Just outside Rome's main railway station can be found a stretch of one of the earliest roman walls built around 400 BC. The masons marks and numbers can still be clearly seen. Originally, the walls had earth piled up against their inner,city sides as a form of embankment. This soil buttress provided additional strength against attackers trying to undermine or batter their way through them. Until the eighteenth century many of these earth embankments were still in place but used not for defensive purposes but as vineyards. Tourists rush past Termini into the heart of the city but the Diocletian baths, the sculpture museum and the Michelangelo courtyard are all well worth visiting. The MacDonalds in the basement of the station has an excellent section of the wall incorporated into its structure.

Thursday, 12 February 2009

Romes orange trees

Always amazes me that Rome is full of orange trees in full fruit at this time of the year. The Via Veneto is lined with them.For a Scot it seems quite exotic to have citrus fruit growing in a city centre but for the Romans they aren't even worthy of comment. Came across this marvellous little art deco parish house near the Defence Ministry - it would be quite at home in Austria or Slovenia but is an altogether alien presence in classical Rome.

Wednesday, 11 February 2009

Workmen gone, snow coming, 2 wet dogs.

The electrician, plumber and burglar alarm people were wonderful. If you have doubts about coming to live in Italy then don't be afraid of the standard of service and knowledge from the craftsmen here. They are every bit as professional as any of their peers in Germany or France. Our builder introduced us to his colleagues and we have been looked after wonderfully. The dark side of living in Italy is the bureaucracy. ENEL the electric utility to give them their due were efficient, they repaired the broken feed within two hours of it being reported but left it to us to discover that the power was back on - a call would have been nice. The inspector who came to make sure the boilers had been installed correctly spent two and a half hours filling out a form , he insisted on coming inside to do it as it was to cold outside ! Naturally, the requirements are that we install a sign on the front door saying that we have two boilers and providing a map to show where the extinguisher, fire blankets and other safety features are located. How many houses have you seen with a sign like that on their front door? Pure madness.

It has now started to snow. After a perfect day the temperature suddenly plummeted around four o'clock this afternoon and the first snow showers arrived half an hour later. The boyz are looking very dishevelled.

Raining in Rome ....again!

Stayed in the St.Regis in Rome on this last trip. It's handy for the railway station . All I have to do is walk across the forecourt and past the Baths of Diocletian and I'm there. It's probably the best hotel in Rome for comfort and service and is used by diplomats and businessmen but the location isn't the best for tourists as its ten minutes from the historical centre. The hotel was originally built in the late 1890's and has a stunning lobby - arguably the grandest of any hotel in Europe including the George V in Paris. If I was going for a relaxed weekend I'd stay in the Raphael just of the Piazza Navona - it's slap in the heart of the Centro Storico and the modern rooms although not huge are well air conditioned and comfortable and half the price of the St.Regis.

Italian trains

The old workhorse from Orvieto to Rome
The 1950's Edzell style InterCity

The brilliant new high speed train to Milan

The boyz being stoical about the rush of workmen

What life in Italy is really like.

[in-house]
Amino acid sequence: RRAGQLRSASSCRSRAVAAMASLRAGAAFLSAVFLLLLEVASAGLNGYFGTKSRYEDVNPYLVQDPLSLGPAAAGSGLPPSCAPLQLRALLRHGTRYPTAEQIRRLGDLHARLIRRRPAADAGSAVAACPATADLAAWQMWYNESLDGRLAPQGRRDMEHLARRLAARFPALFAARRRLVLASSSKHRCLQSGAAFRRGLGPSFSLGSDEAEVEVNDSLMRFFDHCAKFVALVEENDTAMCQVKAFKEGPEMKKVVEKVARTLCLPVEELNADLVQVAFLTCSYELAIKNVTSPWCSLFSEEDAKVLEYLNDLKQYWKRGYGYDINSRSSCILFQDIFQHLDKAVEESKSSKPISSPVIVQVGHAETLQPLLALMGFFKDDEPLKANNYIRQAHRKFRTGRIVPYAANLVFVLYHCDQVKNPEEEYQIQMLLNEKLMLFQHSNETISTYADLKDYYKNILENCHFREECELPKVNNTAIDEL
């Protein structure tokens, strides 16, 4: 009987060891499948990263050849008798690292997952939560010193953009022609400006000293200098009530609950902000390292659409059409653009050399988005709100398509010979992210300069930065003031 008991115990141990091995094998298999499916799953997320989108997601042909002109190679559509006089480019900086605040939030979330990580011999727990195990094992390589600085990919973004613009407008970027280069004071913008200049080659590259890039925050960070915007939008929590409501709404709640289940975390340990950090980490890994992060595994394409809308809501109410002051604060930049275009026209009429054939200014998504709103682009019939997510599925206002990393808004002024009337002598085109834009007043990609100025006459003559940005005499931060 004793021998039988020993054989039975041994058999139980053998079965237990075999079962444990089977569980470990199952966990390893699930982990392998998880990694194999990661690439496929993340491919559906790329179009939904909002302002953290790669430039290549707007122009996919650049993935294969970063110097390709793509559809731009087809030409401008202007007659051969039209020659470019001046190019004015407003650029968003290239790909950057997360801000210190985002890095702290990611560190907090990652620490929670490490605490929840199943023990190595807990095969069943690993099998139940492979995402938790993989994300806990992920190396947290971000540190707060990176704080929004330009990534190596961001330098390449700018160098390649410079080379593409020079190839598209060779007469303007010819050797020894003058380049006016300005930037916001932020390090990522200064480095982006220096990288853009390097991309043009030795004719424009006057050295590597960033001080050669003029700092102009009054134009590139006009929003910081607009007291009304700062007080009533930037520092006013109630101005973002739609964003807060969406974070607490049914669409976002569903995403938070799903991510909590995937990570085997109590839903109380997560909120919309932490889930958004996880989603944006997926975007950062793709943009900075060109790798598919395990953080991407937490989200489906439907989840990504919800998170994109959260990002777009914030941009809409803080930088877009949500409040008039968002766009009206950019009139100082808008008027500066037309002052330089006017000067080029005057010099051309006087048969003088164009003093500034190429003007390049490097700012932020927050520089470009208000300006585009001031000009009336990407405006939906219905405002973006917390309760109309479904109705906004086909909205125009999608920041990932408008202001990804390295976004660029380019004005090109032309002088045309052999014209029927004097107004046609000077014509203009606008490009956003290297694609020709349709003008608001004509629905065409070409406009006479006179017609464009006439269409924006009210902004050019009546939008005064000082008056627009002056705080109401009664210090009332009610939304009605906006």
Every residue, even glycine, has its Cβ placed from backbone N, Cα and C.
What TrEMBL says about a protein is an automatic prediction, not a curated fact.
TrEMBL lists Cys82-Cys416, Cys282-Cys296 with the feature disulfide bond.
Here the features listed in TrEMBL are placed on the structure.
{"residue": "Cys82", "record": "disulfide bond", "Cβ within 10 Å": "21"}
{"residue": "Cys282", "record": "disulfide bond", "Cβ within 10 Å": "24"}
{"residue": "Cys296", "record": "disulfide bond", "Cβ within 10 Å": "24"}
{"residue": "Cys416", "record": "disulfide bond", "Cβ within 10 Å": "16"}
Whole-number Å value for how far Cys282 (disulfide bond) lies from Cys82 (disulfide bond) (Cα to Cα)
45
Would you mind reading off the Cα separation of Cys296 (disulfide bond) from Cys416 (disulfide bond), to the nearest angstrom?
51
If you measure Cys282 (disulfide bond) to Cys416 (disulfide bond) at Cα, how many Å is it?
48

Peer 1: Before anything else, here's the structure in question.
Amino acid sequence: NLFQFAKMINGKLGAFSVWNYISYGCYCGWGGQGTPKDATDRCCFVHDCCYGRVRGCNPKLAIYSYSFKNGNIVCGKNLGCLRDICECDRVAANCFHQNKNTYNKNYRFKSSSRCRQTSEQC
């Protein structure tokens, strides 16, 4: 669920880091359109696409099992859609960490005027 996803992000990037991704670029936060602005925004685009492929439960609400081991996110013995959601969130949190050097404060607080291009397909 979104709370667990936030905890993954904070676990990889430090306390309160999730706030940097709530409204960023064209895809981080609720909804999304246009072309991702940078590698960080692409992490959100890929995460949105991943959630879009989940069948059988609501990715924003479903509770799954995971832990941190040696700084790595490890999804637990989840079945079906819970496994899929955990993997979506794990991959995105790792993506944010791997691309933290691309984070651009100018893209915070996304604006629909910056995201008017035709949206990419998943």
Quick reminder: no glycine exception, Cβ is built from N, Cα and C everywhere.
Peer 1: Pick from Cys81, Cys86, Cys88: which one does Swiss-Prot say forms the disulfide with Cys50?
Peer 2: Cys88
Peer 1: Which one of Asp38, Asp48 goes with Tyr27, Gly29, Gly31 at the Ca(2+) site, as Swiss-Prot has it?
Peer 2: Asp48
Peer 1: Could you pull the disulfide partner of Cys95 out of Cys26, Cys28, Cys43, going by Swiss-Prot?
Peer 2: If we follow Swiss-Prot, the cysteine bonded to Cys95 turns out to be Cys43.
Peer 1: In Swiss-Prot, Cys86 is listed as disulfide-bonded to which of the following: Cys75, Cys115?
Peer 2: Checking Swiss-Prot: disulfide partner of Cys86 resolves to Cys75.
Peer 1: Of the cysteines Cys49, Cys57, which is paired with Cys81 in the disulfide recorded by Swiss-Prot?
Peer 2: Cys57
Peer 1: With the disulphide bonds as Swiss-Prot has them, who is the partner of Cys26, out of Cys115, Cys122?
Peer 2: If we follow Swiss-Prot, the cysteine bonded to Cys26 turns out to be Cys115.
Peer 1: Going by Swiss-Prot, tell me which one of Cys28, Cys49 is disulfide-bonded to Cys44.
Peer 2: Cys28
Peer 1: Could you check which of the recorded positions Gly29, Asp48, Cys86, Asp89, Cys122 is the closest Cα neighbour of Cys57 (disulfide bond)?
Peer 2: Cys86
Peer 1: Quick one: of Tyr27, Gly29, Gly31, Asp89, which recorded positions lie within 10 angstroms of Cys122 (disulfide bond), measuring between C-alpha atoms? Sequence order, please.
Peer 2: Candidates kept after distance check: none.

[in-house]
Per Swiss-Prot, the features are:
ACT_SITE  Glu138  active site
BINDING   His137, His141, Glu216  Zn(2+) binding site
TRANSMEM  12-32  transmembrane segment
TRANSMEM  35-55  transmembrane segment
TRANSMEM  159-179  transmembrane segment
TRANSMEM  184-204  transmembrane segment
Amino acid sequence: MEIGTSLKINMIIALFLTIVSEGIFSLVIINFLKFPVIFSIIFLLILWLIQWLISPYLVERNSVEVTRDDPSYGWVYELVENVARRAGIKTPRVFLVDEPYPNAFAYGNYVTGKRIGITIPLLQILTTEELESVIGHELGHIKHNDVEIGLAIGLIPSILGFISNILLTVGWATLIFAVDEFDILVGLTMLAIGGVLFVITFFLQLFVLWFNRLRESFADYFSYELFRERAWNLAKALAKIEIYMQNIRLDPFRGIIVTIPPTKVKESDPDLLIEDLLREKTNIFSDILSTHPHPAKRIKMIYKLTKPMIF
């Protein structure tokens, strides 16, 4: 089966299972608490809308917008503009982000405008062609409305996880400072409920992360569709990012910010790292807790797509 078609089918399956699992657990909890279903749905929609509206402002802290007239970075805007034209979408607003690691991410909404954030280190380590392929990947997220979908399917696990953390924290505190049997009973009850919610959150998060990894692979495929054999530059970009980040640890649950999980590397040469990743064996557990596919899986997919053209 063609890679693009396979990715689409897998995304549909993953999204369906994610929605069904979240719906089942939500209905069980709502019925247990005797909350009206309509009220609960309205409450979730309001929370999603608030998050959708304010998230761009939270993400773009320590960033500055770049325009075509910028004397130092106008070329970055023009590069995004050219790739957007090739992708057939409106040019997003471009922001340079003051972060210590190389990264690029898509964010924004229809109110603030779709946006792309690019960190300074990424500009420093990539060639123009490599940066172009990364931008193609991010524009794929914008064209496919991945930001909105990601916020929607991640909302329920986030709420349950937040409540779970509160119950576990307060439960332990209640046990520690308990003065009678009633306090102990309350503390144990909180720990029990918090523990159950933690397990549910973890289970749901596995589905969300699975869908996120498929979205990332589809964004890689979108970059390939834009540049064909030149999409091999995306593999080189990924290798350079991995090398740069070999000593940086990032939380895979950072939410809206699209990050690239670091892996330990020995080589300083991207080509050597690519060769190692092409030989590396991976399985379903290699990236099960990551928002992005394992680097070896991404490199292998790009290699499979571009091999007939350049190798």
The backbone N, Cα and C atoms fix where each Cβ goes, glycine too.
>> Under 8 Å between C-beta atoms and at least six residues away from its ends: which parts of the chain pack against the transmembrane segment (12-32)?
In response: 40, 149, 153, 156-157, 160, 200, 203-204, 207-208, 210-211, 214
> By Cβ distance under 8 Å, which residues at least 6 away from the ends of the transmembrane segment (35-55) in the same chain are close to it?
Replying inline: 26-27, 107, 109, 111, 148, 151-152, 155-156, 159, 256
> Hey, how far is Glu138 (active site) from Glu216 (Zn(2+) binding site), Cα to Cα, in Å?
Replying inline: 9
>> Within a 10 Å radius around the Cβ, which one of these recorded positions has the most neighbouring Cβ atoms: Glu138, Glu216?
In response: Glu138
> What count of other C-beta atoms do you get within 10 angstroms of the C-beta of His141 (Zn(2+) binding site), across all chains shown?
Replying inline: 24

Yesterday we had the water softener serviced. Woke up this morning to find that power in half of the house was off. It was what they annoyingly call an intermittent problem -some power points in the kitchen worked while others were dead. My first thought was that the plumbers must have disconnected something when they were servicing the water system the day before. After an urgent phone call they showed up at 7.30 but after checking they announced that it was nothing to do with them. The electricians were very good and turned up half an hour later. The first thing they did was disconnect the electricity which caused the burglar alarm to switch onto battery operation and start the sirens wailing.This in turn meant calling the burglar alarm company which unhelpfully suggested that they show up on Monday afternoon! While all this was going on an inspector from the regional government arrived to check that the new central heating boilers had been installed correctly. We now have the boiler inspector, a new burglar alarm company and ENEL the national electricity supplier at the house. I shall post an update later when we are all less frazzled.

Monday, 9 February 2009

An indecorous snooze under the kitchen table.

Hastily getting ready to go down to Rome on the train. Will take the mobile phone with me and post some snaps. Weather today great, tomorrow rain is coming south from Germany. The stress of my getting ready has caused Digby to fall asleep under the kitchen table in what looks to be a highly uncomfortable position.

Sunday, 8 February 2009

Wilf and Digby help with winter pool maintenance

The pool has recently been making strange gurgling noises so off with the cover to see what's been happening since it was closed up last October. The boyz took an active part in the process but have a wariness of anything to do with water.

Saturday, 7 February 2009

Two Polish Lowland Sheepdog brothers sheltering from a thunderstorm.

It has suddenly started to pour with rain here in Umbria - heavy, continuous, and unrelenting. What started out as a perfect day changed at lunchtime when a front blew in from Tuscany. The man in the fresh pasta shop was almost depressive about the weather - the wettest winter in fifty years according to his father! The boyz are full of vim and vigour and are itching to get outside and into the puddles. When it eases off a bit I'll walk them up the hill and then spend twenty minutes toweling them dry.

The peculiar Amanda Knox murder case is underway in Perugia - I really can't make head nor tail of it. Is it possible that the prosecutions claims of satanic rituals and drug enduced sex games will stand up to cross examination?